The poem begins with its speaker recalling a low point in their life. The speaker is never named or gendered: they might be a stand-in for the poet or a separate persona entirely.
The speaker recalls lying down somewhere indoors, "Full of desire" for some unnamed person or thing. As they watch the scene outdoors, presumably through a window, they take no comfort from anything in nature.
In fact, nature seems hostile, mocking, and superior. The speaker recalls "the sky wounding me" in some metaphorical way—perhaps with its piercing brightness, perhaps with its cold indifference. Meanwhile, "Each cloud" in that sky reminds the speaker of "a ship without me sailing"; in other words, it makes the speaker feel abandoned, or as if they're missing out on some grand adventure. "Each tree" in the landscape seems to "Possess" what the speaker's "soul lack[s]," and wishes for most: "tranquillity." In other words, while the speaker's in turmoil, the trees seem calmly at ease.
This attribution of human feelings to nature is called the pathetic fallacy, and it's an early example of the speaker's tendency to personify or anthropomorphize the natural world around them. Even when they feel alone and detached from nature, as they do here, they view nature as remarkably human.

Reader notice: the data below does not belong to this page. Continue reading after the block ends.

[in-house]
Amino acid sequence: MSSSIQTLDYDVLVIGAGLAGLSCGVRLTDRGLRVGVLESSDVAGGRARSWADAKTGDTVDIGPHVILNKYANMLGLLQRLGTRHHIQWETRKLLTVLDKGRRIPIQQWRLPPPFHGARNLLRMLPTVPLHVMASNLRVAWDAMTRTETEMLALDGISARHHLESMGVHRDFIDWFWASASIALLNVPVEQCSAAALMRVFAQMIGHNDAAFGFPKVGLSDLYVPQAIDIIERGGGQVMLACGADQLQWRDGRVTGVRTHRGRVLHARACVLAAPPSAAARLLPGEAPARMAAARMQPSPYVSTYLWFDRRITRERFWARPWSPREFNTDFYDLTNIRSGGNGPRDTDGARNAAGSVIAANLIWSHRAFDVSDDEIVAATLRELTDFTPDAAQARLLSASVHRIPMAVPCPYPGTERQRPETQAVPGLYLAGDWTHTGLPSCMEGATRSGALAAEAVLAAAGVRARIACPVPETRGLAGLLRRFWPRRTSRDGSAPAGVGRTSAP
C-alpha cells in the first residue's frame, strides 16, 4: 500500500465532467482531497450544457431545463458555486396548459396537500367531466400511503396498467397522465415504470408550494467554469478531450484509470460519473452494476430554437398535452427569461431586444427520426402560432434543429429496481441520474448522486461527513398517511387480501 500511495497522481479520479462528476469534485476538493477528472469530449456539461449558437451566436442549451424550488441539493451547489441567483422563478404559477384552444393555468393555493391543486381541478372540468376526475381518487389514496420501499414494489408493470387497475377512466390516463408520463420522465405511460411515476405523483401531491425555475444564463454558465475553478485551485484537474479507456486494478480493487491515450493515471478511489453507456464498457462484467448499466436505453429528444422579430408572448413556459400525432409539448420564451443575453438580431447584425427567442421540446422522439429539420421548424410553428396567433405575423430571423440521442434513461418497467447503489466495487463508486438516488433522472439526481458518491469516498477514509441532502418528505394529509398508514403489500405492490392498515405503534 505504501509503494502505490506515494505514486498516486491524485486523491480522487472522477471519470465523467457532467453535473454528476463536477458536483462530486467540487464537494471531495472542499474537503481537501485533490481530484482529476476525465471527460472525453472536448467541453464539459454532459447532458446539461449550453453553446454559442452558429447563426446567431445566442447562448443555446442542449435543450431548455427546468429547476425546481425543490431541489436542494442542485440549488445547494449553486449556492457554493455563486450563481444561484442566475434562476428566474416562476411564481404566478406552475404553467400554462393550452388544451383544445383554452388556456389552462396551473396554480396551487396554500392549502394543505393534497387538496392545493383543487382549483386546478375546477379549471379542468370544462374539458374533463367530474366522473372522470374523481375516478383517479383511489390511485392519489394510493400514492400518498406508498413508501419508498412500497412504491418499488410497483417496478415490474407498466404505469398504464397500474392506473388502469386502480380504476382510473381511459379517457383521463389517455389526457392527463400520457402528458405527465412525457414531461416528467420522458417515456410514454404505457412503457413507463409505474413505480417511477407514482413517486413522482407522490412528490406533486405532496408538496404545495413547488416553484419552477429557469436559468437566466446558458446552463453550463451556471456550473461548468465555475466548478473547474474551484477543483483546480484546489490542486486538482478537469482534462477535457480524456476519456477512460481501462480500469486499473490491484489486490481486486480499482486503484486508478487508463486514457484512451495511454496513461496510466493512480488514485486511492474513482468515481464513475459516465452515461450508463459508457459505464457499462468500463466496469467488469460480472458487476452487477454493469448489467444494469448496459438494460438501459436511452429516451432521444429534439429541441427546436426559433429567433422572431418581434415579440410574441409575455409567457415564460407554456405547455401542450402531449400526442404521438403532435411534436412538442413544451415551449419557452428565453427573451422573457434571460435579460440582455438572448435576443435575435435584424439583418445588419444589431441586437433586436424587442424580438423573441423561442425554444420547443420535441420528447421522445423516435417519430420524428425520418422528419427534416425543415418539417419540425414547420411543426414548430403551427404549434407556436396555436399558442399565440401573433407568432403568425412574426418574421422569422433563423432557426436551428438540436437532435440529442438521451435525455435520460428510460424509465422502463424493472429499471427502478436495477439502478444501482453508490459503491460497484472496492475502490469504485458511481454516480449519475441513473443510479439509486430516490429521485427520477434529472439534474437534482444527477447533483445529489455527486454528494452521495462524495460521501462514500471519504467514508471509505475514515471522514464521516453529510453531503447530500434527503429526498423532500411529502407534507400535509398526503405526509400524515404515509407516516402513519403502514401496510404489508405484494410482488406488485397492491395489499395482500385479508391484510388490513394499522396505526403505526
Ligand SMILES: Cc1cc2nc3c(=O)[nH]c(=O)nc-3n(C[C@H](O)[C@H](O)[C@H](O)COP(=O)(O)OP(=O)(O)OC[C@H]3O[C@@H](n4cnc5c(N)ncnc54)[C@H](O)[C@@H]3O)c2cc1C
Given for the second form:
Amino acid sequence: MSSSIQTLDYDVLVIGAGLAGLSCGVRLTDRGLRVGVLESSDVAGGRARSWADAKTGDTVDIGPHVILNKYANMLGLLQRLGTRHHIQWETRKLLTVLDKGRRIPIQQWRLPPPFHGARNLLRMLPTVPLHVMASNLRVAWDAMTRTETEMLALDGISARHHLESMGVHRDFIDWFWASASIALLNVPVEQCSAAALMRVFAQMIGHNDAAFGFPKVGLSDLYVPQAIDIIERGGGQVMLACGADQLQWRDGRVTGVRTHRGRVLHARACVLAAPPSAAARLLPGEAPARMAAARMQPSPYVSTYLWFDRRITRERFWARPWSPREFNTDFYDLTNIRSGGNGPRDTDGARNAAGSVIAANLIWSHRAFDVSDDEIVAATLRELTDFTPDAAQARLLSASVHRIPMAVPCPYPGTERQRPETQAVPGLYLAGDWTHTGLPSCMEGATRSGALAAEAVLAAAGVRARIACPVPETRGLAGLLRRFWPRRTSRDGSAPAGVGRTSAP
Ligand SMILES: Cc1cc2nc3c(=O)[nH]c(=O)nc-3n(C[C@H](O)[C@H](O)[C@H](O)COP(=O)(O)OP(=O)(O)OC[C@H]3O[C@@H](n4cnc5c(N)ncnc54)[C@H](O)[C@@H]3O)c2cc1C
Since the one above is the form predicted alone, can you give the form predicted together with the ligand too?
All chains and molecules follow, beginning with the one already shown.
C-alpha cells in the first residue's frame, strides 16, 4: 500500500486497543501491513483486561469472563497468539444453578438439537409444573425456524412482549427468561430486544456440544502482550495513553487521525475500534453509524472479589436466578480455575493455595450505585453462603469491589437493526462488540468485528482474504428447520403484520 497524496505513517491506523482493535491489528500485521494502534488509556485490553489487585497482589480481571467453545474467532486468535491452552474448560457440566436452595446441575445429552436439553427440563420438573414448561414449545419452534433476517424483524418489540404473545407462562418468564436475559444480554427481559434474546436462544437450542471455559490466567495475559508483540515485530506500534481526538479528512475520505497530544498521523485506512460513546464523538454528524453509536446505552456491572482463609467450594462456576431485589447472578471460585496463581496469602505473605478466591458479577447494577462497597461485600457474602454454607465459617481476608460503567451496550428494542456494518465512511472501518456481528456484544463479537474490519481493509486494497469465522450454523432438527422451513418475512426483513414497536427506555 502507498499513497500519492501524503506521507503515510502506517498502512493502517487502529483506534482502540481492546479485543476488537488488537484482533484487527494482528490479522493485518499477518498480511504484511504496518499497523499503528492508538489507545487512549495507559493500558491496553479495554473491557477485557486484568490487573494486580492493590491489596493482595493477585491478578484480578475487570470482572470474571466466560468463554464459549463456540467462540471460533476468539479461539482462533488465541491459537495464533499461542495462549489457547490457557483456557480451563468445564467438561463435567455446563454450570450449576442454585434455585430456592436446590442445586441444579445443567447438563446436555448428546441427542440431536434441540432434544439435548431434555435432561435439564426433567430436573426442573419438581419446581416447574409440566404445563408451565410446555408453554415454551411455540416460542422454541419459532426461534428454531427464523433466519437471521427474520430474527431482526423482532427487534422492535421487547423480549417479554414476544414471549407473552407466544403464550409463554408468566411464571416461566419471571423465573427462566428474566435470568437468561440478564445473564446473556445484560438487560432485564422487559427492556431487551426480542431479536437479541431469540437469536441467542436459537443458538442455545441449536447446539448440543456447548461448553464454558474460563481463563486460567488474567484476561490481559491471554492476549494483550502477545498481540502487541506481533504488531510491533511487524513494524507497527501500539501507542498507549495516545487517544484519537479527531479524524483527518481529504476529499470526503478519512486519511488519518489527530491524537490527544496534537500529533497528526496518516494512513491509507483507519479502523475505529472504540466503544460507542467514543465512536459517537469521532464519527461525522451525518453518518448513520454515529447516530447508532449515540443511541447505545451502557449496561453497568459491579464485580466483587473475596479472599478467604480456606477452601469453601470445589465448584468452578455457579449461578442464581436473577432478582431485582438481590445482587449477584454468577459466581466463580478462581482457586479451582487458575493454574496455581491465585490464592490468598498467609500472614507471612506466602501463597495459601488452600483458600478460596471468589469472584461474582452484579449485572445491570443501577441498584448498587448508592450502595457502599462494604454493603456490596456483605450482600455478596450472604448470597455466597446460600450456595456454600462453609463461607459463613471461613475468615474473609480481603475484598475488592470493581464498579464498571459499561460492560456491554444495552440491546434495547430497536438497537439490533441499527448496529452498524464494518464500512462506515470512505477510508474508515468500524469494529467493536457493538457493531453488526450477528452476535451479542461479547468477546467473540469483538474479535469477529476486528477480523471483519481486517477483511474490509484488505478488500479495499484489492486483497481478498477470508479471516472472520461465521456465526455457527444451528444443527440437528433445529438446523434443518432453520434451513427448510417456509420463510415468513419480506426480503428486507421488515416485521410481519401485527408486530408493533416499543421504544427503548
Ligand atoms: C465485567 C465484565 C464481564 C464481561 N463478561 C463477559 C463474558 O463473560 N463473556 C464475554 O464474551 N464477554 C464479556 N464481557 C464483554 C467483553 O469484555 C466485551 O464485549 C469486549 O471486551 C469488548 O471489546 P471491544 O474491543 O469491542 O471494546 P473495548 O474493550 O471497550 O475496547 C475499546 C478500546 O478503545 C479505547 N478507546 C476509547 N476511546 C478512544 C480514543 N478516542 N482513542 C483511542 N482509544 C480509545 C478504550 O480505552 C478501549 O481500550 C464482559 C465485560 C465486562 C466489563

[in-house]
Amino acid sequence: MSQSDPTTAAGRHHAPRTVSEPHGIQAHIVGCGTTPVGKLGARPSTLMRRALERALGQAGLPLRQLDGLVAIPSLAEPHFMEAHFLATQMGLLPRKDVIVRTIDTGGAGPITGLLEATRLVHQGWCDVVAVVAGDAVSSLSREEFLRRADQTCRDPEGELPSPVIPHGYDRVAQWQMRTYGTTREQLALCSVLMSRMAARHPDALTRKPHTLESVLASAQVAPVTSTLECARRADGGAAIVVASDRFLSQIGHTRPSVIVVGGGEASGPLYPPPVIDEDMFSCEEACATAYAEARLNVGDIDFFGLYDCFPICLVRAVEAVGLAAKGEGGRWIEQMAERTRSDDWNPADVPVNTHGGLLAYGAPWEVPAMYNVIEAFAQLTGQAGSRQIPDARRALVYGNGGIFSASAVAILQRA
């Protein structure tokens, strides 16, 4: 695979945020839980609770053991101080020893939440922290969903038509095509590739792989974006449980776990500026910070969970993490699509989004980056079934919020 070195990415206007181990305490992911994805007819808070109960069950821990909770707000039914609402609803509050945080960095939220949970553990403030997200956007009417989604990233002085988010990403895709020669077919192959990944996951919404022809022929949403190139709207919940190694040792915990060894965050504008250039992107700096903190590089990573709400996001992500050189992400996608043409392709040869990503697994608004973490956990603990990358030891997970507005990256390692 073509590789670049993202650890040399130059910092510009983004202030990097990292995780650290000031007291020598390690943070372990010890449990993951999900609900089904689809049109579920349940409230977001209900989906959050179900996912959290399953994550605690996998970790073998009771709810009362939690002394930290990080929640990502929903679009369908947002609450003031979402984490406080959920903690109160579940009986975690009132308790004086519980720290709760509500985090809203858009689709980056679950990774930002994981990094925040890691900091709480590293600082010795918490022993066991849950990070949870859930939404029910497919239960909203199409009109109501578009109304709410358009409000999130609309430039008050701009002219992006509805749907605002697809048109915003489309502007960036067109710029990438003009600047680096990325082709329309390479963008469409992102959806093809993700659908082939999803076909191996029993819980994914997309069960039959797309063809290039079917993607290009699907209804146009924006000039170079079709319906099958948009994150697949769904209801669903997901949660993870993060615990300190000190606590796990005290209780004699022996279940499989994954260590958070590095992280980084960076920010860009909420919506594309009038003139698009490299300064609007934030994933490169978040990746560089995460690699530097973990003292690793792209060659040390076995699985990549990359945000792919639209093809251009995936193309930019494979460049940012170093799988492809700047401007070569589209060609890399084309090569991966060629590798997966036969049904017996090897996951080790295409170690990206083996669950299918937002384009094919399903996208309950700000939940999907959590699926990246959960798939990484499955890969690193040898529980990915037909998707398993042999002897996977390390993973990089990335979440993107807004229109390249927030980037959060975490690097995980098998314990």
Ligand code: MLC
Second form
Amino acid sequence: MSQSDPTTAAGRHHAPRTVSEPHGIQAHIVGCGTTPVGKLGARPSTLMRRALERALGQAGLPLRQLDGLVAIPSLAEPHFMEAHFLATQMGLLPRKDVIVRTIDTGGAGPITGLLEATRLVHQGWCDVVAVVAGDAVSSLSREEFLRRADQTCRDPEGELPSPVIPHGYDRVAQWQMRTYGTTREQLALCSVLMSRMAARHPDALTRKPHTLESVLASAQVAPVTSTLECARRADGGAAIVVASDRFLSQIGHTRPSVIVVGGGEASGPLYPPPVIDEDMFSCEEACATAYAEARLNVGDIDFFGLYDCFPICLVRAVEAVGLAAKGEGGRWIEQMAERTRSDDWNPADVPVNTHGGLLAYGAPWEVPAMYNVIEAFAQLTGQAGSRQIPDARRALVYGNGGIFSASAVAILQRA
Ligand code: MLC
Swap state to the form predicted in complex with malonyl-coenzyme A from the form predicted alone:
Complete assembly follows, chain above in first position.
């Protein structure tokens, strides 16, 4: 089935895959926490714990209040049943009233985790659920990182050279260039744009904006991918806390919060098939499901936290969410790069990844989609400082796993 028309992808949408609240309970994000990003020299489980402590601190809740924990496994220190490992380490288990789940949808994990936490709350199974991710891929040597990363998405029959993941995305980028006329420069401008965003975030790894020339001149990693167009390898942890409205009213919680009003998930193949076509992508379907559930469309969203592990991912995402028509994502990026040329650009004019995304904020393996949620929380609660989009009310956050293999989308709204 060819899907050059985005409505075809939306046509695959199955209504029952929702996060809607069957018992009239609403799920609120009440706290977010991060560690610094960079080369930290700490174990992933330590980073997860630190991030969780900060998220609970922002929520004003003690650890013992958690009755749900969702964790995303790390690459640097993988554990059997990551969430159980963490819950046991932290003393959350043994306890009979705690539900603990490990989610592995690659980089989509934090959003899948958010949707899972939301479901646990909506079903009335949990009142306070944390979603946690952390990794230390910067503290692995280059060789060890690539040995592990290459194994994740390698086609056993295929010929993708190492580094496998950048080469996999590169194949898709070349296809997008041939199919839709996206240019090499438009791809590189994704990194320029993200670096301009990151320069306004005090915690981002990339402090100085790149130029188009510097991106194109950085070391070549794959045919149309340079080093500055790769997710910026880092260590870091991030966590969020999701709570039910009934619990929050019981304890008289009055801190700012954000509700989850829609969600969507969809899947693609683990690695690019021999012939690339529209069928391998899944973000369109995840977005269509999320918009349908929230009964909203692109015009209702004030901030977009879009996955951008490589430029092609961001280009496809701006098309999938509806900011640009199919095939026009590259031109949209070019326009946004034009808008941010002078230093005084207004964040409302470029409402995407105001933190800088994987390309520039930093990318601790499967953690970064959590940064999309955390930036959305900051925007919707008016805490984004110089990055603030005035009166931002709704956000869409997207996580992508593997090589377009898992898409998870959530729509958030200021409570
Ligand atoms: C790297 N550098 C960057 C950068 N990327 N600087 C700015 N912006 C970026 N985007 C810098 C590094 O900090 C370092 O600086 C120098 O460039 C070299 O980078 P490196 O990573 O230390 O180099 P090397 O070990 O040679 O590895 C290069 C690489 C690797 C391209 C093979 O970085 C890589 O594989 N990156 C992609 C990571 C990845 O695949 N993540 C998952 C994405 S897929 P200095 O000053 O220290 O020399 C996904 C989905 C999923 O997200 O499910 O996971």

The second stanza reveals the root cause of all this distress: "heartbreak." The speaker has been through a breakup and isn't over their ex. They find themselves in a classic post-breakup situation: "Waiting for the longed-for voice to speak / Through the mute telephone." Of course, the call never comes, and the speaker's "body" feels "weak" with "heartbreak"—which they call "the well-known and mortal death." That is, heartbreak is an old and storied feeling, and it feels like death in life.
These first six lines establish the form that the rest of the poem will follow: tercet stanzas rhyming AAA, BBB, and so on. The consistent structure gives the poem a balanced, harmonious quality, while the consistent end-stopping of stanzas (all end with periods) gives it a stately, measured pace. These qualities are at odds with the speaker's initial turmoil, but they suit what will be the dominant mood of the poem: confident, "Passion[ate]" appreciation for the world.